Up until last year I was not aware of any borer problems with my trees. But last year's harvest was affected and I suddenly became keenly aware of this pest.
I don't have any photos to show you of the little beetle itself because I aggressively go after any infested immature cherries. Plus I diligently keep any dropped cherry picked up. Picked cherry is rigorously screened for borer and any infested cherries are totally destroyed. Thus I don't happen to have adult beetles walking around. I do indeed have traps for the female beetles, but currently they're aren't any in them to show you. If you're curious you'll just have to look it up on google.
But I can show you infested green cherries. I went out searching for them today. Green immature cherries get bored into when they are the size of a jelly bean. The hole is always on the blossom scar end, sometimes dead center in the scar, sometimes slightly off to the side. Like the beetle itself, the hole is real tiny.
Any cherry that I find with a hole is picked and destroyed so that no beetles can escape. If I cut through one of these green cherries, this is what it looks like inside. Either half, or the entire cherry is black and in the process of being destroyed. In the photo below, those three green cherries all have tiny holes visible. If I cut them open, they would be black inside too.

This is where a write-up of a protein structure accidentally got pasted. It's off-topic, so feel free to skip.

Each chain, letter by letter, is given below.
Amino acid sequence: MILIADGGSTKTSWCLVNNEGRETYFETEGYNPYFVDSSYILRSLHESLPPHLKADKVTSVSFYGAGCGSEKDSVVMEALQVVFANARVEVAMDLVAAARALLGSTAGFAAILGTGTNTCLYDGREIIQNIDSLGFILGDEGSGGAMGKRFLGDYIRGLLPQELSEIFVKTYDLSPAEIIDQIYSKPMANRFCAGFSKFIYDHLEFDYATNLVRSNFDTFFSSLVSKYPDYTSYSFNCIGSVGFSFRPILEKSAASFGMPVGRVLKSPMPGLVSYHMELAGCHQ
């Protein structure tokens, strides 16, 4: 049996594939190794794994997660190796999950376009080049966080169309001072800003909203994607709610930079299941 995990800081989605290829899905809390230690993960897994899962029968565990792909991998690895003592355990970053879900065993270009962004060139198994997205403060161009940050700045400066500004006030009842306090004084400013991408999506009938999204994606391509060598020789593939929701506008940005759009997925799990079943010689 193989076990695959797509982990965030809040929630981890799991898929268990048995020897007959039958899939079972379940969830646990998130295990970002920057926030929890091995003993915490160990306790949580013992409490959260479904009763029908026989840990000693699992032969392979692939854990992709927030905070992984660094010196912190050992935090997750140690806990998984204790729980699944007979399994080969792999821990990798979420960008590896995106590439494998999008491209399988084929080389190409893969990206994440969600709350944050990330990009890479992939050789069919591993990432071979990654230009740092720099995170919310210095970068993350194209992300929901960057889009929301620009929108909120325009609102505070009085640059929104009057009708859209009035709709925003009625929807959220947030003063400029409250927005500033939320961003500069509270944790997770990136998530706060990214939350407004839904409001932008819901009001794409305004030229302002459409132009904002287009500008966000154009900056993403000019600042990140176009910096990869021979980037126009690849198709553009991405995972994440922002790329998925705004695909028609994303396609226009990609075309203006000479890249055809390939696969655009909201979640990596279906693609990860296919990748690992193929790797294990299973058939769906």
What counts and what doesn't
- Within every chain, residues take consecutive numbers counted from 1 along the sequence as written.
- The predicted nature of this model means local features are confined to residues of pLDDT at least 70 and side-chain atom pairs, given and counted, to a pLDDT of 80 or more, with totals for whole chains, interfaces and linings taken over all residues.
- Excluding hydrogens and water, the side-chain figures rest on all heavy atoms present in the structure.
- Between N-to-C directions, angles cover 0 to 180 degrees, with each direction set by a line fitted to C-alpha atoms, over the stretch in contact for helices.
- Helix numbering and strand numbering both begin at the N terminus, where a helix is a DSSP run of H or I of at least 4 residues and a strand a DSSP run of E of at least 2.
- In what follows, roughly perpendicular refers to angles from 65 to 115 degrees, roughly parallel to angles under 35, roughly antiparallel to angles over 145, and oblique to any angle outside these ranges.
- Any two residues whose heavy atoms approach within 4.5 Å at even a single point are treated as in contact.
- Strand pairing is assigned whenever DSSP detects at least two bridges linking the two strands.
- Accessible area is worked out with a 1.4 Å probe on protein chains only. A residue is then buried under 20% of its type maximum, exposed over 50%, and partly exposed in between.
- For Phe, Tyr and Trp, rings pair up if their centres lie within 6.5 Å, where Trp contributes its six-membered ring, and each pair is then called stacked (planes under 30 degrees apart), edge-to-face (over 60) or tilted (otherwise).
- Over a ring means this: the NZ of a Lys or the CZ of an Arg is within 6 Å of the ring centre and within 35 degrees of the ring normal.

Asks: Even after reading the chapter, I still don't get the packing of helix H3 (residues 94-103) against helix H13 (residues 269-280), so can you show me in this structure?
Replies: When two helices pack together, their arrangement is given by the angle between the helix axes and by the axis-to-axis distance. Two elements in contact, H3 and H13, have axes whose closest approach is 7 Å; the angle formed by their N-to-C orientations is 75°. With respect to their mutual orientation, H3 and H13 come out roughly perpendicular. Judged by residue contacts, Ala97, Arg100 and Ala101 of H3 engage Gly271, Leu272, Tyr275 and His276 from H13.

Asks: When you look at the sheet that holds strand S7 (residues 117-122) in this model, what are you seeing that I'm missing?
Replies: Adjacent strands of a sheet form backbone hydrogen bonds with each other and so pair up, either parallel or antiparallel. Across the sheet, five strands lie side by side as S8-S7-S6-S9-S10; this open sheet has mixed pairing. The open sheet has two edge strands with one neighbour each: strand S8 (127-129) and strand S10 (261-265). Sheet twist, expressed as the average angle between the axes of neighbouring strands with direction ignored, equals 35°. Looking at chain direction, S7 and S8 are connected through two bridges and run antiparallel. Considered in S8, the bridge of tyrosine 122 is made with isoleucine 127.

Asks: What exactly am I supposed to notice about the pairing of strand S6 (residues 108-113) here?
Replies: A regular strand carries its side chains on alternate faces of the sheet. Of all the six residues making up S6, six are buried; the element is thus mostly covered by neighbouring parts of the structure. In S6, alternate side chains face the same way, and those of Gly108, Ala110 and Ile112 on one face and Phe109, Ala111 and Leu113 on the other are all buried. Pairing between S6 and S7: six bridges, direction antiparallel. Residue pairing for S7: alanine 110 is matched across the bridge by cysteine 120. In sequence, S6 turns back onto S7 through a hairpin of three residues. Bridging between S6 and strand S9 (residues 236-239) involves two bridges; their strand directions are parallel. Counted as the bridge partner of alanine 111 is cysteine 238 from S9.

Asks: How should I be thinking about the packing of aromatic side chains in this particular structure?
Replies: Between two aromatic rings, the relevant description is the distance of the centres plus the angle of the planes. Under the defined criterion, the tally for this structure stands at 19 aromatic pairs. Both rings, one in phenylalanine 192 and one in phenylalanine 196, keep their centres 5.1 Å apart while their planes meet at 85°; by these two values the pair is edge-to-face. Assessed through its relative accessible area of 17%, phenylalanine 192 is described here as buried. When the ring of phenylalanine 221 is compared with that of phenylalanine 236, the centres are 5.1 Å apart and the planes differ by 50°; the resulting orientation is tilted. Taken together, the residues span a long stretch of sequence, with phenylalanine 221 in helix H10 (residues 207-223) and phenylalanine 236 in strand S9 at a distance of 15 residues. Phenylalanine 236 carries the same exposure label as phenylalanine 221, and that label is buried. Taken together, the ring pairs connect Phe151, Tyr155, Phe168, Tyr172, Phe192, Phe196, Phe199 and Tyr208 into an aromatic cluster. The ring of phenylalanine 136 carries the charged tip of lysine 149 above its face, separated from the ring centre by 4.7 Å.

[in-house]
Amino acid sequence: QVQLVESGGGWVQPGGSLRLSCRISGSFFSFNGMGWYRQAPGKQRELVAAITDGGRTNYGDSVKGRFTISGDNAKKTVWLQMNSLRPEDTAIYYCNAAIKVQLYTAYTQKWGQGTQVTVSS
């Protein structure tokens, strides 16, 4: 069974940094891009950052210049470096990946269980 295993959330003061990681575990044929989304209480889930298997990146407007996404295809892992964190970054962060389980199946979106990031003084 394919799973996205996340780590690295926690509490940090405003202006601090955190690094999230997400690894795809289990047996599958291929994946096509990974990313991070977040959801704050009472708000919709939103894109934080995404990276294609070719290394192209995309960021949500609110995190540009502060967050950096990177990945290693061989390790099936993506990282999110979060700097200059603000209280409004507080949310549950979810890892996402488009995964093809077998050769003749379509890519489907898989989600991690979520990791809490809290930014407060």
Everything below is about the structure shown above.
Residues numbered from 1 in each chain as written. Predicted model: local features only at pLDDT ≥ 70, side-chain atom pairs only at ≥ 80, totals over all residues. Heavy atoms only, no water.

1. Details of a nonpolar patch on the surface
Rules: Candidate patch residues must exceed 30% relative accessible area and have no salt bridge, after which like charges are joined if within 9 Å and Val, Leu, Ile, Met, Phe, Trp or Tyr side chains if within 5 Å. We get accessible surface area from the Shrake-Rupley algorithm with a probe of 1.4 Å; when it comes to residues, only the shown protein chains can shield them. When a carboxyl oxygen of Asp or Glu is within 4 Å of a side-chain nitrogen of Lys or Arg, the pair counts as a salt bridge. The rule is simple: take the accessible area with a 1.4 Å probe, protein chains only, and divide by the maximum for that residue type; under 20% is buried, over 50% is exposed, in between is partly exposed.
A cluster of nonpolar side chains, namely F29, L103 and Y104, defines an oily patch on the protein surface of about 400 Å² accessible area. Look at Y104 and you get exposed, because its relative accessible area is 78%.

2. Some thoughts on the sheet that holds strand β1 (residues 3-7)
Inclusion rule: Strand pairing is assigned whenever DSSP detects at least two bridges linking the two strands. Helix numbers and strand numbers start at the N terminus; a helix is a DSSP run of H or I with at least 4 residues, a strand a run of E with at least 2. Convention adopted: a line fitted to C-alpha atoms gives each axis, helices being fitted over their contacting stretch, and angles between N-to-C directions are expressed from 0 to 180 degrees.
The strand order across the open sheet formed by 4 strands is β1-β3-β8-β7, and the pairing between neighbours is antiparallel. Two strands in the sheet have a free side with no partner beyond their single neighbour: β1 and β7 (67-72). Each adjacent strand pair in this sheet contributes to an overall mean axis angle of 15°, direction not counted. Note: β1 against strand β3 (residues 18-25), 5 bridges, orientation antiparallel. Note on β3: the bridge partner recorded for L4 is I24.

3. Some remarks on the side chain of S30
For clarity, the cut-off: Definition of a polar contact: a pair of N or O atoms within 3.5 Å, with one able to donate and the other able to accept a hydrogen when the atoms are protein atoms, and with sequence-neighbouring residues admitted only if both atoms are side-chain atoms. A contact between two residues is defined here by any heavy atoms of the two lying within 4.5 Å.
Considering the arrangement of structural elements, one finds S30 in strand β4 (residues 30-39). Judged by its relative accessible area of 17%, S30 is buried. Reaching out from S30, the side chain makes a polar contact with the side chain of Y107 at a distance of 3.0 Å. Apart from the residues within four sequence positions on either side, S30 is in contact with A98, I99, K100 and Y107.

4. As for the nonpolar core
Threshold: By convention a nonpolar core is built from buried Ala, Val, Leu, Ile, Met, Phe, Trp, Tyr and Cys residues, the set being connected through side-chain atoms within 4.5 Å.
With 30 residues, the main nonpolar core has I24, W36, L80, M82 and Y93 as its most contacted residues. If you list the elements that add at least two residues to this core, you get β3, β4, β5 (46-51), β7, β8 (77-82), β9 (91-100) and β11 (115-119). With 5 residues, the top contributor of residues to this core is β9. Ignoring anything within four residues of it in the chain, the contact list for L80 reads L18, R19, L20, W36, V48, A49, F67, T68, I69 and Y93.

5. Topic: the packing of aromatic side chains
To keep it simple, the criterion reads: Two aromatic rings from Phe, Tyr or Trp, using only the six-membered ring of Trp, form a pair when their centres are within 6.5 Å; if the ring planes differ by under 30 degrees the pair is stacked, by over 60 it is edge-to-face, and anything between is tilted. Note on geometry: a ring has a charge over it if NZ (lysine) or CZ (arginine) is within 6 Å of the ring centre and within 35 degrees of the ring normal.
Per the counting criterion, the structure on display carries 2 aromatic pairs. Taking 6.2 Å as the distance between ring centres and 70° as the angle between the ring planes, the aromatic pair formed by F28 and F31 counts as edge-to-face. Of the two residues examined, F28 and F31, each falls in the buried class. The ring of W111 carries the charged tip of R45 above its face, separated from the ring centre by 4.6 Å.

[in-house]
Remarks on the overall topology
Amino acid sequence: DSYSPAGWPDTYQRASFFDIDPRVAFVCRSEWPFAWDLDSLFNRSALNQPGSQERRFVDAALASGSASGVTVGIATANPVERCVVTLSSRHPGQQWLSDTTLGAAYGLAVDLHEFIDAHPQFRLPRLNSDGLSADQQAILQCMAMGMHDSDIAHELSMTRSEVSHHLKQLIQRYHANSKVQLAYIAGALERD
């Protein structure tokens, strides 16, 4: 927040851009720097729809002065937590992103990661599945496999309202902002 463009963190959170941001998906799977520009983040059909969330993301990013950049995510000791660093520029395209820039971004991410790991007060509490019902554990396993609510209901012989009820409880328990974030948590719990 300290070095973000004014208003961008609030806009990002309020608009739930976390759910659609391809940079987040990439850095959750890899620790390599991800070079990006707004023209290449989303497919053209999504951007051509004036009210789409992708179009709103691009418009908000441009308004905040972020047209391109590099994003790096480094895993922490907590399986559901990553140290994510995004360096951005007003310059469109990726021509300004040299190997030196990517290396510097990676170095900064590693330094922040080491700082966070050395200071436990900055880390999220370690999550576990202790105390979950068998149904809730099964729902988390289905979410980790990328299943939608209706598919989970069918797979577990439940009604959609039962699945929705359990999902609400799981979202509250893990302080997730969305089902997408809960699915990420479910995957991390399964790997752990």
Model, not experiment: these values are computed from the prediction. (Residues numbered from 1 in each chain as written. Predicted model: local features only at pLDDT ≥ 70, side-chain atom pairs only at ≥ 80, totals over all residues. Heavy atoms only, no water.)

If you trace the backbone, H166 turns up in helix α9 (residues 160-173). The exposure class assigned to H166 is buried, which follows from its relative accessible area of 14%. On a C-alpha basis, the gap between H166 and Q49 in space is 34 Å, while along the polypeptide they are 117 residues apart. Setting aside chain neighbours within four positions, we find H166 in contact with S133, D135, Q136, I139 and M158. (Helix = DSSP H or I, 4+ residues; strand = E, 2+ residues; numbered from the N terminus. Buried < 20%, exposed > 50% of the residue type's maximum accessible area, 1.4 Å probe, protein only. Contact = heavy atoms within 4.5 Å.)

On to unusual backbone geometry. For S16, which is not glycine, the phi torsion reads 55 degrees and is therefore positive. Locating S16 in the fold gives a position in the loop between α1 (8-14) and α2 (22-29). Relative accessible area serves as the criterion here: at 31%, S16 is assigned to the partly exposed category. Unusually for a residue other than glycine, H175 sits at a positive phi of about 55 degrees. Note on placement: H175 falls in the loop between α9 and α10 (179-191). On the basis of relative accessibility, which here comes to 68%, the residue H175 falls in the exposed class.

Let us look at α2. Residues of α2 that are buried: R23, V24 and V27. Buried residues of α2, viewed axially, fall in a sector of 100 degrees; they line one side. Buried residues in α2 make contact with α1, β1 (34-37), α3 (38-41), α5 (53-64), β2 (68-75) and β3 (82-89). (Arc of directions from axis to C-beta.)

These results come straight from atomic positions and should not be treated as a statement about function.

Right now I'm checking my trees every two weeks. That seems to be enough. I'm not finding much damage. But I know that I'll never be able to eliminate the coffee bean borer from my farm. Why? One of my near neighbors has hundreds of feral, unattended coffee trees and has no interest in treating them for the borers. Plus she doesn't want anyone else to be messing on her property. Sigh. So I'm stuck with dealing with the borer. The best I can do is to prevent more beetles from propagating and trap as many females as I can before they find my trees. In the future, should the damage I am seeing becomes significant, then I plan to invest in fungi treatment to kill the remake beetles. Right now I am losing too little coffee to justify the expense and time to do this more aggressive treatment. Let's hope it stays that way for awhile.
Here's a green cherry still on the tree with a beetle hole.